Director: Mike Hodges
Cast: Michael Caine, Ian Hendry, Britt Ekland
The 1970s was the golden age for cynical and mean-spirited cinema. This was the decade that saw many of the most violent and controversial films ever made, including Dirty Harry(1971), Death Wish(1974), Taxi Driver(1976) and Bring me the head of Alfredo Garcia(1974). Among the best of these dark and violent pictures was the film that practically rejuvenated the British crime film, as well as setting a standard for many revenge films to follow, and that was Get Carter(1971).
The film is quite unlike it's American or Italian counterparts, employing a more subtle, though no less brutal take on the action film, combining artistic sensibilities with a certain rawness that cannot be duplicated today. Despite numerous imitations and an unnecassary remake in 2000, this remains the best crime picture of it's kind.
Get Carter eschews most of the exposition brought on my mainstream cinema. Jack Carter(Michael Caine) is one mean mother and is almost devoid of humor and friends. Even the sexy girlfriend(played by the sexy Britt Ekland) is kept largely offscreen and at a distance. Carter is a London gangster who is out to avenge the death of his brother, so he ventures to the town he's from and gets entangled in a whole web of corruption that finds his brother murdered after trying to nab a porn racket that had employed his daughter, an underage girl. Caine is no ordinary vigilante as he goes about, slowly gathering information, much like the 40s noir protagonists, putting the puzzle together, before enacting revenge most brutal. Some of the most brutal scenes involve Cain roughing up a babe he's just laid, taking a bath, trying to drown her in an effort to get information and stabbing a guy in the gut, just because he knew about his brother's death. Caine is brutal and efficient, going about his business, before setting up a trap that brings the entire industry to his knees. However, as he tracks down the final man responsible, in an unforgettable conclusion through a beachside rock quarry, a hitman has been called out to finish Carter. After he has his final revenge and is ready to move on, Caine is shot in the head by the expert killer, one of the most uncompromising and brutal conclusions in film history, and something one would not likely encounter in the escapist action fare of today.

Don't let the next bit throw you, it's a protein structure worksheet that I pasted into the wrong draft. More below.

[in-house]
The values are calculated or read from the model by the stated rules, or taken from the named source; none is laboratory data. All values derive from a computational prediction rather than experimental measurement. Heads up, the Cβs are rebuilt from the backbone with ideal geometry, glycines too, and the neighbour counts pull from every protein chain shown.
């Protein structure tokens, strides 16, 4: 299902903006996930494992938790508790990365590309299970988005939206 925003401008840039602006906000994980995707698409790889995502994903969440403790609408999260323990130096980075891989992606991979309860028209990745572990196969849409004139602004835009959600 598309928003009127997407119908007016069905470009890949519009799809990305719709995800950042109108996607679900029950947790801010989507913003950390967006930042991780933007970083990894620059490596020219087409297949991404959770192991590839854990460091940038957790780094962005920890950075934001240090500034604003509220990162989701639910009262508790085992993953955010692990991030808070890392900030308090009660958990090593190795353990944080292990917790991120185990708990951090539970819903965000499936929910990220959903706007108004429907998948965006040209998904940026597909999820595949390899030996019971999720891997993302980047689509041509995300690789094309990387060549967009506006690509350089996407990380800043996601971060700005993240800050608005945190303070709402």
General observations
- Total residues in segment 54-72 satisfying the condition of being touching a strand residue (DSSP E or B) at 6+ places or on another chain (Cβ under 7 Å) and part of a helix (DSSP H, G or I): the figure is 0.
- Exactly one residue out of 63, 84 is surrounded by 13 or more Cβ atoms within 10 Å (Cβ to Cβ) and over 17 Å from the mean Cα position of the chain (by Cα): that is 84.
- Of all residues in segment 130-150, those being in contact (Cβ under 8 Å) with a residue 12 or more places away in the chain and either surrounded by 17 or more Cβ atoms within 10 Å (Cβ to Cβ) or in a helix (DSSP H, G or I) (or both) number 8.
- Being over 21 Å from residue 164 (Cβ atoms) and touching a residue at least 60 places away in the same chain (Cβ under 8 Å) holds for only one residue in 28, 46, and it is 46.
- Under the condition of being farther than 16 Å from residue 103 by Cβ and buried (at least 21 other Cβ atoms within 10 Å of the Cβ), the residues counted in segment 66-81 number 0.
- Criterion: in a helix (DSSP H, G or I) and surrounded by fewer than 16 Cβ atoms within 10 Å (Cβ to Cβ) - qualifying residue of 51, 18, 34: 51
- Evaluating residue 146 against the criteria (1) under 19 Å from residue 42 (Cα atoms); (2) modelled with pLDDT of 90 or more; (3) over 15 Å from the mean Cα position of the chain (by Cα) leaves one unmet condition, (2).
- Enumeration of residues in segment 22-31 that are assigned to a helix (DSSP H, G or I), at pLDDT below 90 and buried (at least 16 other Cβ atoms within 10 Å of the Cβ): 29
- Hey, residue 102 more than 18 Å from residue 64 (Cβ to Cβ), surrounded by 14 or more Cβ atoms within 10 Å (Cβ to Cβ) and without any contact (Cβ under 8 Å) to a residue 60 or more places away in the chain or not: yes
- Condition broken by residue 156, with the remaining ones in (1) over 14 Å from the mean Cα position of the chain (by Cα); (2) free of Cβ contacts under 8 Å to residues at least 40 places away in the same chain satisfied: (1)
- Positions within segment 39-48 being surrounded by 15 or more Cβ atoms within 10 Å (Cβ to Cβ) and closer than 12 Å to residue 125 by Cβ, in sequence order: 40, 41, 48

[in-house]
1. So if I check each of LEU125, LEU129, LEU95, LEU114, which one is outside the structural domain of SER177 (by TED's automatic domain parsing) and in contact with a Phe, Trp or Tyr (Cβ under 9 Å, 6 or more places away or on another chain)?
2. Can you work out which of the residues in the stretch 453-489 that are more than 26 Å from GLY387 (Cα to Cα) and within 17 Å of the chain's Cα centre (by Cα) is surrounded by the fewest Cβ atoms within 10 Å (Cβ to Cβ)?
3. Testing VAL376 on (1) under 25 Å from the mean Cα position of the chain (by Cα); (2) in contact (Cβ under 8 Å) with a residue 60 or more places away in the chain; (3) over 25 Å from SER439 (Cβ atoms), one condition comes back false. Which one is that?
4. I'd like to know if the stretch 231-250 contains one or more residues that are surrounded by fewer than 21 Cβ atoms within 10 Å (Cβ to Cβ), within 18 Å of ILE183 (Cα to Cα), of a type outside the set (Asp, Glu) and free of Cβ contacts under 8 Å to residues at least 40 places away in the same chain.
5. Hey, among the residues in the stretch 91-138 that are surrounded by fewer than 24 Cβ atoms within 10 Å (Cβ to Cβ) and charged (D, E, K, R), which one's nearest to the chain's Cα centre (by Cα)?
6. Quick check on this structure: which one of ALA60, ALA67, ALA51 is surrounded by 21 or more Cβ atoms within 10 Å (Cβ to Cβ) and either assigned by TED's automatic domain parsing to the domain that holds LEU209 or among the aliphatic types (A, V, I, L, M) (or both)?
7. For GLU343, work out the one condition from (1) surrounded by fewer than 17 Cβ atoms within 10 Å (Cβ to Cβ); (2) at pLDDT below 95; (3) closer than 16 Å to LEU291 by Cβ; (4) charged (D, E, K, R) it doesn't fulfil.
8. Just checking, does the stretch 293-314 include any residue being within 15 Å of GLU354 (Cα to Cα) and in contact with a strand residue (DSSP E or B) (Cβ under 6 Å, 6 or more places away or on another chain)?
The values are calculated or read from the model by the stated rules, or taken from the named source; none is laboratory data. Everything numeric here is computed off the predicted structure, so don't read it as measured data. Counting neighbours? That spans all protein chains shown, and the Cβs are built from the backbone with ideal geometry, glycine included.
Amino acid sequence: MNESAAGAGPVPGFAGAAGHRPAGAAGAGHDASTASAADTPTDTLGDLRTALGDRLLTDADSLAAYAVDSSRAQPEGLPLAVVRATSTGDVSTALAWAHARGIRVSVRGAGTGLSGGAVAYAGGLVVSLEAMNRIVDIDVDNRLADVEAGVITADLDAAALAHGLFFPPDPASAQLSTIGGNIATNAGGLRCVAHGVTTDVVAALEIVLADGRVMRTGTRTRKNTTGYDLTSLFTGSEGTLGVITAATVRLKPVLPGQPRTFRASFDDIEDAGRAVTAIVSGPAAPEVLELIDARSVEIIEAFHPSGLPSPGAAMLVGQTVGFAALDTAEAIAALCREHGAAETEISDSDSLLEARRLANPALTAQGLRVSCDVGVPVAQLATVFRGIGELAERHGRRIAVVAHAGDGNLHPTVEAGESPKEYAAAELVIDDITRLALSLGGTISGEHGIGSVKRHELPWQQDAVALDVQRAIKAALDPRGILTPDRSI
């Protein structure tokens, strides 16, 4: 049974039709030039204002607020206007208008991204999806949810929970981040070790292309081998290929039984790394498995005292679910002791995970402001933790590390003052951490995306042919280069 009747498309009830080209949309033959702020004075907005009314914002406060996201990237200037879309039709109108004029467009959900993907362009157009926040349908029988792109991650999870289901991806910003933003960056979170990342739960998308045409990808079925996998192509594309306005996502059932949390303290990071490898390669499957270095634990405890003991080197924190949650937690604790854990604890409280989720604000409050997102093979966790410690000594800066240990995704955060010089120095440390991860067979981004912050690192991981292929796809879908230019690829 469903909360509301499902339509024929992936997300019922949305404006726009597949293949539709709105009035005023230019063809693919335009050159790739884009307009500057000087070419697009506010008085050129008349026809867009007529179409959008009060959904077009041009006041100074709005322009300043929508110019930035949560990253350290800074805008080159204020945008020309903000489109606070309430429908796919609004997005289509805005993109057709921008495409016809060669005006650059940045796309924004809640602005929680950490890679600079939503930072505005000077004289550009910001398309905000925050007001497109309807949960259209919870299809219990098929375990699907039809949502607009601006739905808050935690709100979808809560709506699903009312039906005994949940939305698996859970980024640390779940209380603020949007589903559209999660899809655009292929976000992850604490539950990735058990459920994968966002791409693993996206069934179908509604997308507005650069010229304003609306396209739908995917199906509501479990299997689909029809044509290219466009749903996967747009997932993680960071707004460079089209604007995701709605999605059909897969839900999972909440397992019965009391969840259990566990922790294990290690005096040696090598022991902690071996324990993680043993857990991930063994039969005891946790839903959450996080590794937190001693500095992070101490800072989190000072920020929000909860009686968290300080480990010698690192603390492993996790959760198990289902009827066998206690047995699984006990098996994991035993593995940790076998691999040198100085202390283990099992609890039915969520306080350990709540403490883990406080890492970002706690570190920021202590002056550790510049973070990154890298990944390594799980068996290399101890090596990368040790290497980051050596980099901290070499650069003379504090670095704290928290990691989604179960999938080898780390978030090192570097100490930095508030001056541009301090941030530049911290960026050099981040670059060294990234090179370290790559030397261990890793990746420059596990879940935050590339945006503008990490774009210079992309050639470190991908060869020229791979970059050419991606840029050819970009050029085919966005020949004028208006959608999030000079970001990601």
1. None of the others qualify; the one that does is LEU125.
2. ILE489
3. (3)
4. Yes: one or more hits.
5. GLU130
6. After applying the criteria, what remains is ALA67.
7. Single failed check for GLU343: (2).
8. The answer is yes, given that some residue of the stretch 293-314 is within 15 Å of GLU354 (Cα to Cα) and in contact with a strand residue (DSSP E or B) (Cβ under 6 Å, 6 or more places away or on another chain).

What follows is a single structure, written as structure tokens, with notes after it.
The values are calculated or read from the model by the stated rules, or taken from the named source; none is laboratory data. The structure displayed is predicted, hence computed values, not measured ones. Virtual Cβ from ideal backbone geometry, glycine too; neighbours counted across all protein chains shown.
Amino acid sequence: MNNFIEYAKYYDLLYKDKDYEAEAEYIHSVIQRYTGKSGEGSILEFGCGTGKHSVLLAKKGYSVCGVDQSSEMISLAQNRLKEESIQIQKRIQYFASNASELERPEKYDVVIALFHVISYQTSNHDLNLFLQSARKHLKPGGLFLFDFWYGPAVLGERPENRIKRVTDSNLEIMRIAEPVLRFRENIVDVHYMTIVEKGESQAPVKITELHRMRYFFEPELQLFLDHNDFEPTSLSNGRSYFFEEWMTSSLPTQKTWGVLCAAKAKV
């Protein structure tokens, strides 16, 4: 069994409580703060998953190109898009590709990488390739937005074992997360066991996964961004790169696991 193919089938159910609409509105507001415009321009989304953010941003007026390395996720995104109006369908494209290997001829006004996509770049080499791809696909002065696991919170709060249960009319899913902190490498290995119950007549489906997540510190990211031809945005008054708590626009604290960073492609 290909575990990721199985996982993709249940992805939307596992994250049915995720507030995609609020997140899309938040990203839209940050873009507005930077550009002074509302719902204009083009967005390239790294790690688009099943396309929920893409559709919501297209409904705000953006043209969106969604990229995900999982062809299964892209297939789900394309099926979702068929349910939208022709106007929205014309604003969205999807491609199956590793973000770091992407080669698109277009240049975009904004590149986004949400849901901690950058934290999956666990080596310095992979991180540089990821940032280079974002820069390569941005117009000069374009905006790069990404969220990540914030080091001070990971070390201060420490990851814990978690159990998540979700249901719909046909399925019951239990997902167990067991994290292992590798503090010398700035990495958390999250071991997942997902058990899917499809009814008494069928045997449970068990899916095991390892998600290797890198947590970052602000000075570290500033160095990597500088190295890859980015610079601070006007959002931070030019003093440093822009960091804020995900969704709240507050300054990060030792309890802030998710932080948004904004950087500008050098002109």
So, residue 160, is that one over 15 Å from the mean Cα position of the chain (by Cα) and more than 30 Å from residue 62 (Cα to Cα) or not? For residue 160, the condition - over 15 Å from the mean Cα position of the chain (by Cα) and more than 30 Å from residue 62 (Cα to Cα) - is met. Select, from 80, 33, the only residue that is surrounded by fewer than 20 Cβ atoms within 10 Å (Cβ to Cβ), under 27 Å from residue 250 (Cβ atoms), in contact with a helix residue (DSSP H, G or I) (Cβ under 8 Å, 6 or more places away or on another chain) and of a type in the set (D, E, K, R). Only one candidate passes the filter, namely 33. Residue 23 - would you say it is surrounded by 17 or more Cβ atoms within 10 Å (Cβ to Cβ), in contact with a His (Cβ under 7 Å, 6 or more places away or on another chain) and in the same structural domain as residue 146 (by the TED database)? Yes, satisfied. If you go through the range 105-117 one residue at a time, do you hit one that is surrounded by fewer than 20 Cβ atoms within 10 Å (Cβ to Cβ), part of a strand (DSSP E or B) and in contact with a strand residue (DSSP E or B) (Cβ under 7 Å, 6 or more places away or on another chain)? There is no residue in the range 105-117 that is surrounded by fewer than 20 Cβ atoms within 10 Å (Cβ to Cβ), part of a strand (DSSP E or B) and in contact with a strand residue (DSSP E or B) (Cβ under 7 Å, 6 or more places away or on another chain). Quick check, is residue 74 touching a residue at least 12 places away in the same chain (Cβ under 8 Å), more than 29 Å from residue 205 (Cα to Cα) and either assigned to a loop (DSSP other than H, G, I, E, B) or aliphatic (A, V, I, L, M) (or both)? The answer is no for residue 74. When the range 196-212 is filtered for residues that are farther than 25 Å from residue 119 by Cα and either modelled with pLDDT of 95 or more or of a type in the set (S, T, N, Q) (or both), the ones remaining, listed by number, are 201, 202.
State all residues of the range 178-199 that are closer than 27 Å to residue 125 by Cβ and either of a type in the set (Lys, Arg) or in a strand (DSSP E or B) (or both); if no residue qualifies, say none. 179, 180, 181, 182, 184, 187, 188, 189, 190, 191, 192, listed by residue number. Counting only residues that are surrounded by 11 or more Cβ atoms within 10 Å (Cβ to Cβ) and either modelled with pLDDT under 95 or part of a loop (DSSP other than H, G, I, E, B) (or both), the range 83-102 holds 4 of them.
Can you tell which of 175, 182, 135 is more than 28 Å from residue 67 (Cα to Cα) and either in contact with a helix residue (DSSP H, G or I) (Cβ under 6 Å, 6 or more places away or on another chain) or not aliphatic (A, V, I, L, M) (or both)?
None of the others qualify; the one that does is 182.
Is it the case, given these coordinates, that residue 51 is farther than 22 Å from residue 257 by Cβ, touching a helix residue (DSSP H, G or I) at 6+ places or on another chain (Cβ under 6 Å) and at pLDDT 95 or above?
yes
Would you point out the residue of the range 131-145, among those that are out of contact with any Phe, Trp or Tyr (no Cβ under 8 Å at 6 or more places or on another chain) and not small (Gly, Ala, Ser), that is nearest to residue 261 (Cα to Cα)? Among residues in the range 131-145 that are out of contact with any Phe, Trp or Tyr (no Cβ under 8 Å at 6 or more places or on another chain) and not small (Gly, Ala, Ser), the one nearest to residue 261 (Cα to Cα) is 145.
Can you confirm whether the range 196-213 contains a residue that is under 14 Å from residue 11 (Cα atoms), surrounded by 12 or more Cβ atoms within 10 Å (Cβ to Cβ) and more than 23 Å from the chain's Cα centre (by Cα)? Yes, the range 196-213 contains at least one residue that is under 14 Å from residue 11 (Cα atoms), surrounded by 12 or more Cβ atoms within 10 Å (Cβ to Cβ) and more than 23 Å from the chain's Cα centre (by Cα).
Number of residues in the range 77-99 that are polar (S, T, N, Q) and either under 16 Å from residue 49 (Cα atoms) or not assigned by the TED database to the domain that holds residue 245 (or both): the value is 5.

Get Carter is a brilliantly subtle picture, able to both shock and entertain than a dozen more exploitive pictures, could hope to. Director Hodges writes and shoots the film with an undercurrent of dark comedy and suppressed emotion. Caine's character is hardly a warm sort, but is allowed for more emotion and humor, than one would expect from such a movie. Such scenes like Caine offering money to his niece, the wonderfully photographed phone sex scene with Britt Ekland and his tearful discovery of the porn footage, add immeasurably to the development of the character and the plot. We may not condone, but we understand the character's actions and that's important to the success of the story. Caine may be playing a bastard, but we are firmly on his side and there's no doubting that what has been created is one of the truly iconic characters of violent cinema.
Caine is just perfect here, providing a certain type of charisma that had rarely been glimpsed since the days of James Cagney, as a tough kind of character that we can root for. The rest of the cast add to the gritty atmosphere, no one ever appearing too condescending or out of place in the context of the material. Eric Paice and Cyril Kinnear make particularly cringe worthy slimeballs worth hating.
Several scenes in this picture could hardly be filmed today, in our overly sensitive, politically correct world. These in particular are very graphic scenes like Caine force feeding drugs to a naked woman that he plans to use to send the porn king to jail, among the consistent misogyny and violent behavior.
This film has been ripped off or borrowed from several times throughout the years, and Caine himself went back to the spirit of the character in the recent, Harry Brown(2009). Yet, nothing has ever really captured the same gritty quality of this film, nor has anyone matched it's entertainment value. Part of the problem is that the film stock, the look of the picture, is virtually impossible to pull off today, along with the haunting, influential music score, which has not been tainted by pop music. Of course, the acting style is also something that cannot be duplicated either, especially in this age of mannered performances and an increasingly younger cast. It's the reality of the picture that makes it stick, not just it's graphic depictions of violence. The pull of the story and the power it holds will continue to inspire, decades after many of the so-called "tough" films of today, fade from memory. Take no substitutes, because like a few of it's contemporaries, Get Carter is the real deal and they don't make 'em like this anymore, which is our loss.